Birth of a Daughter; From a Dad’s Point of View

I’m a Dad. I’m proud to be one.

I became a Dad to my beautiful daughter almost 2 years ago. I’ll admit there are very trying times but for the most part it’s an  incredible experience.

Chloe was born quite quickly, it was a short labour. There are bits that my partner doesn’t remember, I, on the other hand will remember it all. Right down to the stupidly long wait at the lights on the way to the hospital. Watching her go through labour, and feeling powerless to help, admit it – back rubs are great but won’t take your mind of the pain. Not really knowing what to do, or where to stand, feeling out of place in what is really a female dominated area.I’m a Dad. I’m proud to be one

After she was born there was the relief of 10 fingers and toes, how cute everything is, and the sudden realisation that we were no longer just a couple, but a family.

We were shifted from the Birthing Ward to the Maternity Ward, and pacing the corridor at nights with her in my arms was more a way to show off, than to put her to sleep. The nurses were fantastic, they didn’t make you feel stupid for asking questions that you know they’ve probably heard a thousand times before, and there was never a feeling of you aren’t welcome here.

Walking her down the corridor, out into freedom was amazing, the 30kmp/h drive home was I’ll admit a little overdone but it’s strange how protective you can be of something that has suddenly come into your life.

Firsts are great, first nappy change, first sleep at home, first bath, cry, laugh, crawl, step, fall, tooth…the list goes on, but with each one it just permanently sets down a feeling of pride; I helped to create and mould this life.

Feeling like a twit when you realise you’ve been standing for 20 minutes at your daughter’s bedside watching her sleep.

I’ve done things without hesitation – I’ve caught vomit in my bare hands – I’ve cleaned up places and things that I never could have done before. It’s because she’s part me that it’s ok if that makes sense? If it was someone else’s baby it would be different.

It’s funny, with all the firsts that baby has, I too found there are a number of firsts as a dad. Women love to come up and see your newborn and coo and squeal and congratulate you. But frown, or are wary if you get too close to theirs. There will always be a stigma surrounding males around children, no matter how much people hide it behind smiles. You can be the most loving, caring father, and people still give you “that look”.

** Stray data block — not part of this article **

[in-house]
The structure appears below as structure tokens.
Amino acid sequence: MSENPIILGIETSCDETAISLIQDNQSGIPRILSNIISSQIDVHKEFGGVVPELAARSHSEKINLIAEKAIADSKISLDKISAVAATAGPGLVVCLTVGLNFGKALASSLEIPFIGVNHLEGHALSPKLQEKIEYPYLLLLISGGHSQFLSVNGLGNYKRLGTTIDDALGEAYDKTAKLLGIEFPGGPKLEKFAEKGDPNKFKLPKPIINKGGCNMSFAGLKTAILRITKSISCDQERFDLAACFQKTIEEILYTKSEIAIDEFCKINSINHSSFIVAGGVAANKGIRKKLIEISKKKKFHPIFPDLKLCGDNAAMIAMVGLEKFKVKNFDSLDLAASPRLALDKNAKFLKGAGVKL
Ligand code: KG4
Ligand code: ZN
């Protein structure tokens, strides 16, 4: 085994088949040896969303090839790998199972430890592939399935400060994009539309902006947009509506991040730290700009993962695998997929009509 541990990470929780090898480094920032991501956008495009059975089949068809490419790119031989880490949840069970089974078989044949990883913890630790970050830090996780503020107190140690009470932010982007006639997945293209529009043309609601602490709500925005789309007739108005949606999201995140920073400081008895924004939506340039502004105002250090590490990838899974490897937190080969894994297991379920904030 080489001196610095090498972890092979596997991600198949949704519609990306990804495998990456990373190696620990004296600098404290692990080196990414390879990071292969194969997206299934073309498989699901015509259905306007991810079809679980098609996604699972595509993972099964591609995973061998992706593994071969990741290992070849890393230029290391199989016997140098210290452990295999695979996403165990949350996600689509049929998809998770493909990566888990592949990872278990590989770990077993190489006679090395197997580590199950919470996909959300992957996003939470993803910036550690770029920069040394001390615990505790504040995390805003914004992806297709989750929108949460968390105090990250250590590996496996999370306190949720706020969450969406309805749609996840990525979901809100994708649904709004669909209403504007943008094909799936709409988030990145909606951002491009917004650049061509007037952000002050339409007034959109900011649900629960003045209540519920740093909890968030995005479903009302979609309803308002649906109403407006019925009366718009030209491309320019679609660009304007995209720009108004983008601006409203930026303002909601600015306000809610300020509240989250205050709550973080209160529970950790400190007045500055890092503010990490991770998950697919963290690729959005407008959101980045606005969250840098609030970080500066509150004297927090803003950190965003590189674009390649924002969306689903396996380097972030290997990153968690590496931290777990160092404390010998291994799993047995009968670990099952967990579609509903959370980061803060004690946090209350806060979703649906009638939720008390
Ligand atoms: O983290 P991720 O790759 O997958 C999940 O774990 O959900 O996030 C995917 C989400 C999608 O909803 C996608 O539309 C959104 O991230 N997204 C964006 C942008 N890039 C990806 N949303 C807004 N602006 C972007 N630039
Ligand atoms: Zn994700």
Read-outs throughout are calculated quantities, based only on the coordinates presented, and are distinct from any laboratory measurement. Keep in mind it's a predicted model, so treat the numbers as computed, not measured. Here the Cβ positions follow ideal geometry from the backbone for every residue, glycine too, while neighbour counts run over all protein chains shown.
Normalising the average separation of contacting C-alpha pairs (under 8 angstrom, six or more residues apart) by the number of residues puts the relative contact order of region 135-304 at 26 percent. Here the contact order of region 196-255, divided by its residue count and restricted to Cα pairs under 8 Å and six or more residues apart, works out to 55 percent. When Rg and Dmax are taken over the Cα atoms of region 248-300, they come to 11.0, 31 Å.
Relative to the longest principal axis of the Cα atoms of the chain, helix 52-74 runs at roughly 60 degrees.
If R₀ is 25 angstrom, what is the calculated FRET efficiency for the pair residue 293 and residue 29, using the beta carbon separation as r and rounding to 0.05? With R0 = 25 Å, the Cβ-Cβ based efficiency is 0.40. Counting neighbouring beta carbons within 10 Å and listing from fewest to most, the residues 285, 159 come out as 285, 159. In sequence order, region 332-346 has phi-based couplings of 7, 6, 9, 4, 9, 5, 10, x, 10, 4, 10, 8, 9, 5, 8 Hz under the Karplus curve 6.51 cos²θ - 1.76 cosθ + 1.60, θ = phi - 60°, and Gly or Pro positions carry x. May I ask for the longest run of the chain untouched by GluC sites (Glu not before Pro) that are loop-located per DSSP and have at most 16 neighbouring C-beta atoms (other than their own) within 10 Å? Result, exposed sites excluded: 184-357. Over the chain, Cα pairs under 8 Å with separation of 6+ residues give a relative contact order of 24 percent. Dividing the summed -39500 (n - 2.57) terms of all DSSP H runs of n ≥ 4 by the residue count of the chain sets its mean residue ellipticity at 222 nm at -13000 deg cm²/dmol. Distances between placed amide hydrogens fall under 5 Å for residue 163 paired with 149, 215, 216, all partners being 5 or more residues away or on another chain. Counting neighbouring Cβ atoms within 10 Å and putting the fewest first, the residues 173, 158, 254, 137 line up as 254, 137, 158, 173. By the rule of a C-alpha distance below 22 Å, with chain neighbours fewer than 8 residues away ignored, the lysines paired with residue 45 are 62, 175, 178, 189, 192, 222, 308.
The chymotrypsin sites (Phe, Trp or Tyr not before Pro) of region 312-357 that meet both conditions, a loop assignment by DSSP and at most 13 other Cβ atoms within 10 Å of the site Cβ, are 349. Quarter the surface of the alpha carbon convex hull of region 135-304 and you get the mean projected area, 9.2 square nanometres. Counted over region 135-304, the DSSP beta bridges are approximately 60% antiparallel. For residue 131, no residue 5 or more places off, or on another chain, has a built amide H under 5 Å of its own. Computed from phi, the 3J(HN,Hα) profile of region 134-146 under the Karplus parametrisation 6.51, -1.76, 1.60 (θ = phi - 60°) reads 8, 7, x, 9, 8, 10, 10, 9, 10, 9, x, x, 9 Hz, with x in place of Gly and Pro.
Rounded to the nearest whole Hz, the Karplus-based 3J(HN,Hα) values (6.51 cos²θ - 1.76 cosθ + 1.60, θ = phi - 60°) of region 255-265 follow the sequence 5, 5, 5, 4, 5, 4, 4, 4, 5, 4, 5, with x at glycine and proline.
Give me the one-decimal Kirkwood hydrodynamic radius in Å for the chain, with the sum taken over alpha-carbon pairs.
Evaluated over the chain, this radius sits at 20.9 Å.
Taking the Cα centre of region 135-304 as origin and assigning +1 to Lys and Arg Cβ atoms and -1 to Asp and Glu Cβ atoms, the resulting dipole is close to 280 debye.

The first time you go into a family changing room with your daughter and people watch to see where you’re looking, the awkwardness of having nowhere to look when women are breastfeeding.

The first time you realise that Holy Crap I’m a dad, get your ideas sorted kicks in.

There are the moments in public spaces where toddlers don’t listen, and then throw a tantrum, and you just know that everyone is listening and watching you. They might not be – but in my head I can feel all the eyes on me and my daughter crying for mummy.

It is really hard sometimes being a full time worker. By the time I get home it’s dark and Chloe is usually hopping into bed. I love to read the bed time stories – but she is very insistent that it’s Mum’s job, even if the book has been read every night this week

Weekends aren’t much better, I work six days a week and try my best on a Sunday to do things as a family. But Murphy’s Law it never works out that way, and I feel kind of sad that I’m missing out on so much. I get all excited when she does something and call out and get told “Oh haven’t you seen her do that?”

I love being a dad, we actually get it quite easy, I’m told this quite often, I don’t have to get up in the night to feed her, I don’t have to try and prepare meals during the day that she doesn’t want to eat, or try and get things done around the house when Chloe is feeling clingy. Don’t get me started on days that rain. Don’t get me wrong. My partner loves being a mother, I couldn’t think of a better mother for my daughter. She has endless patience, and everything is for Chloe. But I know that it must be tiring trying to find new things to do every day.

Sitting here writing this, I look at my lounge and notice that only a few things belong to me. They are mostly toys, dolls, pink chairs, books, a dollhouse with a toilet that someone has carelessly left in the kitchen and I realise that I wouldn’t have it any other way. The fireplace is protected by a guard, the fridge, like my wall above my desk is plastered with drawings, the cupboards childproofed and impossible to get into when you’re in a hurry and then you forget to put them back on again, and it’s like Chloe knows that I’ve forgotten, fortunately she tries to put them back on, rather than opening the cupboard and taking everything out.

I’ve learned not to feel bad when she cries, because I’ve said no, or she calls out for mummy first, or she says goodnight to teddy but not to me. I’m still her dad, she’s only little and has her mind set on certain things. I still get to hear her giggles and have cuddles and all the fun things, just not as much as mum.

I don’t miss the nights when it was just the two of us. I don’t regret the arguments and the tears and the yelling over silly little things, I certainly don’t miss the hormones. I honestly wouldn’t change it for anything. I love being a dad. I love being a family.

I can’t wait to do it all again. In May

Written by Lindsay

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